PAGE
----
Southeastern Missing Stations To Keep Trains On Time

Rachel Holdsworth
By Rachel Holdsworth Last edited 79 months ago
Southeastern Missing Stations To Keep Trains On Time

Southeastern seems to be increasingly adopting a new way of getting its trains to run on time — by not stopping at stations.

Our "favourite" train operating company (see previous posts on epically reduced snow timetables and spectacular communications failures) has been sparking Twitter rage at certain stations in the last few days as trains sail blithely through without warning. At your correspondent's home station Hither Green, commuters were stunned to see the 0837 not stopping on Tuesday, and this Londonista watched in disbelief as yesterday's 0850 chugged into the distance.

In what is becoming typical of Southeastern's communications, there were no indications of alterations to services on electronic boards and station staff were as much in the dark as passengers. We've since heard of trains skipping Lee, and a couple of trains yesterday evening started from Charing Cross with fewer stops than timetabled (though to be fair, we've seen a photo of at least one destination board showing the truncated journey).

So what's causing this rash of last-minute alterations? As far as we can make out: punctuality. The Southeastern press office got back to us about Tuesday's 0837:

[The train] started late (8 minutes) at Orpington... On the occasions such as this, to help get the train back onto its timetable and prevent the delays from growing and growing (because ultimately that 8 minute late start would grow and grow as it missed its scheduled times through complicated junctions such as London Bridge and making its next service even more delayed etc etc), the decision is made to not stop at certain stations... before Hither Green it did not stop at Petts Wood, Chiselhurst and Elmstead Woods.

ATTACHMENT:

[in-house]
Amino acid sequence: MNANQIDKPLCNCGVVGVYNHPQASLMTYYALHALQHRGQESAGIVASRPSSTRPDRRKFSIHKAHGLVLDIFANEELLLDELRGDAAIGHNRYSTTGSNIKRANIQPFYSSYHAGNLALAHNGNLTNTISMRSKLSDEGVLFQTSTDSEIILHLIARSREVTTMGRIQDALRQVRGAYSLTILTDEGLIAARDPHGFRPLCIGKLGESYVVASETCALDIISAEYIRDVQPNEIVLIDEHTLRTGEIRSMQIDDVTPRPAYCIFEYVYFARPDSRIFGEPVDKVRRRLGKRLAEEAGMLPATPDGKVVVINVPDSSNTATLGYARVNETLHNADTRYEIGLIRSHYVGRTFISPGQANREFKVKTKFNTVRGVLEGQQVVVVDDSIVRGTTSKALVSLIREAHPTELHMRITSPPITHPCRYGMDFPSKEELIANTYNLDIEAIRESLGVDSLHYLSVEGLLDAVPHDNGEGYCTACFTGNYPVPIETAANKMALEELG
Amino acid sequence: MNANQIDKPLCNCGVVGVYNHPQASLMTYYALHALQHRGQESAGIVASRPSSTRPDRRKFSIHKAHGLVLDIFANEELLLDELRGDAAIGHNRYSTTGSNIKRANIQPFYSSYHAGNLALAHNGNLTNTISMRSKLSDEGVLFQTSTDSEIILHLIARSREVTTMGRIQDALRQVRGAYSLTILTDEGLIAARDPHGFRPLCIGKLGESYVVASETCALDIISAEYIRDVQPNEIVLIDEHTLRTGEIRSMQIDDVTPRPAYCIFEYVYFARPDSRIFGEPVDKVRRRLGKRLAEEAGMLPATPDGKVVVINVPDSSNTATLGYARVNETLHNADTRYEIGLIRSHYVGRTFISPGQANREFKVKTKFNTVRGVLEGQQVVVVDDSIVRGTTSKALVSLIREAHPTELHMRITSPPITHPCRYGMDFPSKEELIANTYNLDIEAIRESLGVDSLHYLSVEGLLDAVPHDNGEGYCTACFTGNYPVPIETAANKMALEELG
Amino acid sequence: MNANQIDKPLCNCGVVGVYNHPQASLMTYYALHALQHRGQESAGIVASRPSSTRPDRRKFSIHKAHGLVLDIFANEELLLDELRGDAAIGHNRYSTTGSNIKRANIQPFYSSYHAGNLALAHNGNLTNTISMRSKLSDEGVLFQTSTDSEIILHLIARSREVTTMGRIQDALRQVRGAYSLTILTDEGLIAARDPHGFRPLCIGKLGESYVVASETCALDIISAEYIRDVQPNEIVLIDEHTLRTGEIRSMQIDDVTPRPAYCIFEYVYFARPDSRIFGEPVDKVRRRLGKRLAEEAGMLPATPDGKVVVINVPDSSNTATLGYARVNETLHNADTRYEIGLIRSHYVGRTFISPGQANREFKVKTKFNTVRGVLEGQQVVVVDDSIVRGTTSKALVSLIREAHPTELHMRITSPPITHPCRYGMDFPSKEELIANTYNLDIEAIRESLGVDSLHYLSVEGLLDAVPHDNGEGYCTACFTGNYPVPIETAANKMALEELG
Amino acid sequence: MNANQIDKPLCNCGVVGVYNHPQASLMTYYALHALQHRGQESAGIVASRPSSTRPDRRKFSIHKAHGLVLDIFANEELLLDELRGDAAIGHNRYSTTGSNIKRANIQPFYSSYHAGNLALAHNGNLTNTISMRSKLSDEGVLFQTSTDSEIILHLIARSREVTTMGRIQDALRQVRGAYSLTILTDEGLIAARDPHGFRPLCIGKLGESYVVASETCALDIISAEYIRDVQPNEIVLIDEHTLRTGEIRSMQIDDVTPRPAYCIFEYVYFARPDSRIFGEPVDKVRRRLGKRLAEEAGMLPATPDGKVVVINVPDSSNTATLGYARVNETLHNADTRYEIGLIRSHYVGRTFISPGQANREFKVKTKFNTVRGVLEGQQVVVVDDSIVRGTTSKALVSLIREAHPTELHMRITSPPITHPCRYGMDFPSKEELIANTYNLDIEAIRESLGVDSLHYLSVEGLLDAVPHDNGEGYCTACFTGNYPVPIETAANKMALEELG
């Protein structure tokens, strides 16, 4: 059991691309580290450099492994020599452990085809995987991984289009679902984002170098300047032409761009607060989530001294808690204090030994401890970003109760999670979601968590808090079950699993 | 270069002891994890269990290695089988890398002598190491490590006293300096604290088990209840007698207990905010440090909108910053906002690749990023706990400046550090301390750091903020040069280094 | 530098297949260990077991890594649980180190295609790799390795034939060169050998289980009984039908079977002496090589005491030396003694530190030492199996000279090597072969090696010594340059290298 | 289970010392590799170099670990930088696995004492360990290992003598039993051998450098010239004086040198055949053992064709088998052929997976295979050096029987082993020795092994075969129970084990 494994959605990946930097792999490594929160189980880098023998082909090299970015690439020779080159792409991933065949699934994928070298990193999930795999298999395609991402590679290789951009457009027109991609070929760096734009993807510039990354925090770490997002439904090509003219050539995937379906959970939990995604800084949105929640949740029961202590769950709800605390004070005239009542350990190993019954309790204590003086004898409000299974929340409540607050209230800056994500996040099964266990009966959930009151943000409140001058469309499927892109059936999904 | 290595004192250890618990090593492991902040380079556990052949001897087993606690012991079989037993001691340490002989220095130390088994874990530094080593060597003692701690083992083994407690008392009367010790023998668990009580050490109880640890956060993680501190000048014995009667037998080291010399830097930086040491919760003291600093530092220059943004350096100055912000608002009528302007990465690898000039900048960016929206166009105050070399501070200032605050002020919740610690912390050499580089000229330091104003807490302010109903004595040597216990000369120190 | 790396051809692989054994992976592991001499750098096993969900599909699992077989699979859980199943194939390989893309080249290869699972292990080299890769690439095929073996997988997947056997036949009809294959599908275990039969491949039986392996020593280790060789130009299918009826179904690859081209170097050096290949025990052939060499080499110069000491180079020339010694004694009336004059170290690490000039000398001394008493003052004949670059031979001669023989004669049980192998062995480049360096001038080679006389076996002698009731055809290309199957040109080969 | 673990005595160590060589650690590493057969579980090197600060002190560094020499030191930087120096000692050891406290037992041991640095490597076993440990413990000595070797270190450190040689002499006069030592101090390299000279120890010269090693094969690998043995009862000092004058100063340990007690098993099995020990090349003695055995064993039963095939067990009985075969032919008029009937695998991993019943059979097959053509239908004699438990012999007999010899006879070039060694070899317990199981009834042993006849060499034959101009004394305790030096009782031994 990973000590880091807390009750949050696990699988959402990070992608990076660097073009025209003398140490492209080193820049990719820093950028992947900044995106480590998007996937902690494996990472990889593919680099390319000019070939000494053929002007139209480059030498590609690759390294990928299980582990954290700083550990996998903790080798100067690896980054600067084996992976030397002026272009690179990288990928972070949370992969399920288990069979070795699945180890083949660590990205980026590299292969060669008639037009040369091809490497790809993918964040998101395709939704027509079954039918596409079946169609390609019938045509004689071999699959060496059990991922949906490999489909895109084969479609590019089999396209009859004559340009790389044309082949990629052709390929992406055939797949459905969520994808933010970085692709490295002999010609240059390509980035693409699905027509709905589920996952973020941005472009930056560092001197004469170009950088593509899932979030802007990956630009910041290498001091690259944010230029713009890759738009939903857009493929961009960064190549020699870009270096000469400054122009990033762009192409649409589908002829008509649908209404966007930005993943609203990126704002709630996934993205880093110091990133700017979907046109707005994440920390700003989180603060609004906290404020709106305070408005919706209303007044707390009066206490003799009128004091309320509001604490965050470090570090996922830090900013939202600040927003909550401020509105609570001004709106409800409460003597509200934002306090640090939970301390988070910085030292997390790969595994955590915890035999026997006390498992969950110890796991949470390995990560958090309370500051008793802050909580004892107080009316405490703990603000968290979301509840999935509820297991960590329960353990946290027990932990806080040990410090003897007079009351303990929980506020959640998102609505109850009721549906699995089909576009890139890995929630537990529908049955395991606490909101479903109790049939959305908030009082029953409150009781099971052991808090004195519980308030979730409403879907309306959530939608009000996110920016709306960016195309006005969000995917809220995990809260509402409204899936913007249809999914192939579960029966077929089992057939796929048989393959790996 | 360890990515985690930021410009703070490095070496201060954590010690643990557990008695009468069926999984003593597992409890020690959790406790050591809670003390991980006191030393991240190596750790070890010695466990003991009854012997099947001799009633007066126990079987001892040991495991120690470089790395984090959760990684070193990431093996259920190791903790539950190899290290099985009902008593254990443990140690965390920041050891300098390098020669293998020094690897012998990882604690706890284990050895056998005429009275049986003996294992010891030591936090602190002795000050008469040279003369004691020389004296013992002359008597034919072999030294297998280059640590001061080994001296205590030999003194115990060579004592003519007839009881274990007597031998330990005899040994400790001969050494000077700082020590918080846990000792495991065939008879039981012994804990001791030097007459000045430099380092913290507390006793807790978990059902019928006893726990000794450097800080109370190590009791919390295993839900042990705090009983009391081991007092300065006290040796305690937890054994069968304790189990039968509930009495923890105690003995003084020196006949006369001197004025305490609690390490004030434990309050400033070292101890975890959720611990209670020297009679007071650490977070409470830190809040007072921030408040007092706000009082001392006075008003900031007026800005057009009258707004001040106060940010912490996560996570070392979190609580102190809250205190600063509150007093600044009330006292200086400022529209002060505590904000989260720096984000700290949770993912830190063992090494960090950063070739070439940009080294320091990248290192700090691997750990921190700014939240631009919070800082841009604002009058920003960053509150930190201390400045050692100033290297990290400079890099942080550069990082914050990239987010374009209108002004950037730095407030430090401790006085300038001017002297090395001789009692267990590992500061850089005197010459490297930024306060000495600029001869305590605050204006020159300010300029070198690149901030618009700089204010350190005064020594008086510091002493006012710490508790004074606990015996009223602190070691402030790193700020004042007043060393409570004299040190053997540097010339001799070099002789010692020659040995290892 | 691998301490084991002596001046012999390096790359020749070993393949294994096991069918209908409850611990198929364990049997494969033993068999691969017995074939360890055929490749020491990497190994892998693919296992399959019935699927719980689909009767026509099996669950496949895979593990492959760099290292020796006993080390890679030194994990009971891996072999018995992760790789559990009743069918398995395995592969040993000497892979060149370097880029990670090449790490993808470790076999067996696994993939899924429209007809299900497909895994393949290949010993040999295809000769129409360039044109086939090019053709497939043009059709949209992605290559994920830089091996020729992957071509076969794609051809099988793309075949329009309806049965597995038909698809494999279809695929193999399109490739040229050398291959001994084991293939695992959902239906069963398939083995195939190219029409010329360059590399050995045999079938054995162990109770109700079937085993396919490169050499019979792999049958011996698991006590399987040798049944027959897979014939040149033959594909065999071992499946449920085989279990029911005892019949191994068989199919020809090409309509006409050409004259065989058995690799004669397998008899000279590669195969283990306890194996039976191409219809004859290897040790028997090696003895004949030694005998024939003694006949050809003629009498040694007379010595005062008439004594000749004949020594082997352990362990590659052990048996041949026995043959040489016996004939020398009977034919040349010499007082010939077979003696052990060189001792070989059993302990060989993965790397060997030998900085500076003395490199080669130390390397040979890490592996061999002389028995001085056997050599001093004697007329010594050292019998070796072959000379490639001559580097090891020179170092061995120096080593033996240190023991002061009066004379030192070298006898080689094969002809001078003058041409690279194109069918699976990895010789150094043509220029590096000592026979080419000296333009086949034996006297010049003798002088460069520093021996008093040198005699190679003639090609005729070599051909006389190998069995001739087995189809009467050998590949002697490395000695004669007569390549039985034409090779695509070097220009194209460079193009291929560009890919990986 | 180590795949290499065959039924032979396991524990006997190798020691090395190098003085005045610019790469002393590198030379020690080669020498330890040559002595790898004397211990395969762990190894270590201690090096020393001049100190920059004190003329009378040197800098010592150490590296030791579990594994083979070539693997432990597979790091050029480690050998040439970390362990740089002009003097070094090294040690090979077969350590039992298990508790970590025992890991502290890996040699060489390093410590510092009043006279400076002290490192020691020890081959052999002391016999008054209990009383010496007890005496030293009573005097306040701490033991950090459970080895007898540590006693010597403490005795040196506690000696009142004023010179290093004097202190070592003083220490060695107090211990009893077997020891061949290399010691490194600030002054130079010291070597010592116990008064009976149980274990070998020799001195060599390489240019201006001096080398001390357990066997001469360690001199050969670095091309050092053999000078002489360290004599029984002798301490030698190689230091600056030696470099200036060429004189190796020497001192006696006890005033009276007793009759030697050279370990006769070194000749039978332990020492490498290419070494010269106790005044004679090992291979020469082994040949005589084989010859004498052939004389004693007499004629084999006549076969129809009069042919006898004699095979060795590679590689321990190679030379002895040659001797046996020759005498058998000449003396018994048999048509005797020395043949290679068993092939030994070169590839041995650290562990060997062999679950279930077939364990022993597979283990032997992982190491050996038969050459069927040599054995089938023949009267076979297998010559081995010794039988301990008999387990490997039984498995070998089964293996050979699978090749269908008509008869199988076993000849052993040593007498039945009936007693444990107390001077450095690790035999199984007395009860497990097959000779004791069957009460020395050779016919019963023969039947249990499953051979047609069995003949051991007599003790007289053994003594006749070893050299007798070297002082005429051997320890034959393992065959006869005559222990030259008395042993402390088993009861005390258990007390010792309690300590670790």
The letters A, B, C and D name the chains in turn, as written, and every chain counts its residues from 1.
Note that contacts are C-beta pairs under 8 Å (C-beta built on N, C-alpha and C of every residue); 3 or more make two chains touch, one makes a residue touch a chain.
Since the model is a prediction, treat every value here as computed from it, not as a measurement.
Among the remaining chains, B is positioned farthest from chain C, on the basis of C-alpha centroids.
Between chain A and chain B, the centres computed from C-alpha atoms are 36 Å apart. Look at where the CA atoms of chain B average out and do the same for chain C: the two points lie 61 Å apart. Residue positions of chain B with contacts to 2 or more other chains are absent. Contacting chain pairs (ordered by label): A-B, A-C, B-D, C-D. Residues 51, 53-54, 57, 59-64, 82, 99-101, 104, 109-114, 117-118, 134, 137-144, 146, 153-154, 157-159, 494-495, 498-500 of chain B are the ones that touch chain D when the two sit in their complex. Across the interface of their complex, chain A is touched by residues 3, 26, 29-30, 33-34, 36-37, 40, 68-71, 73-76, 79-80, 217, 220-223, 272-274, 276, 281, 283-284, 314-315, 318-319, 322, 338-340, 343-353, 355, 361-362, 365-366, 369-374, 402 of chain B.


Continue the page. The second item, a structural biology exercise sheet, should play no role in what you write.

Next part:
For the sake of eight minutes, passengers at four stations were left standing (though rumours the train passed a red signal are not true). We know Southeastern have decided to skip stations during the Olympics to keep the timetable, but are surprised to see them applying the principle across the network eight months early. Cynics may wonder if they're worried about missing punctuality targets and having to offer season ticket refunds, but their average yearly figures are actually looking OK.

Missed stations also mean other trains are more full, contributing to another reason for skipping stations. "Large passenger flow" was the reason given for cancelling two trains yesterday. One question: how exactly are these trains and stations supposed to become empty?

Despite new technology being installed to allow the control room to make announcements at stations (not yet functional), this latest fiasco isn't filling commuters with confidence that the next snowfall will be any better than the previous few — either in terms of trains actually running, or finding out about them.

We've also heard about South West Trains not calling at stations this week. Their press office say such an event would always be announced at stations and on displays — but that's what Southeastern said. Anyone know any different?

Photo by andrew off-road from the Londonist Flickr pool

Last Updated 08 December 2011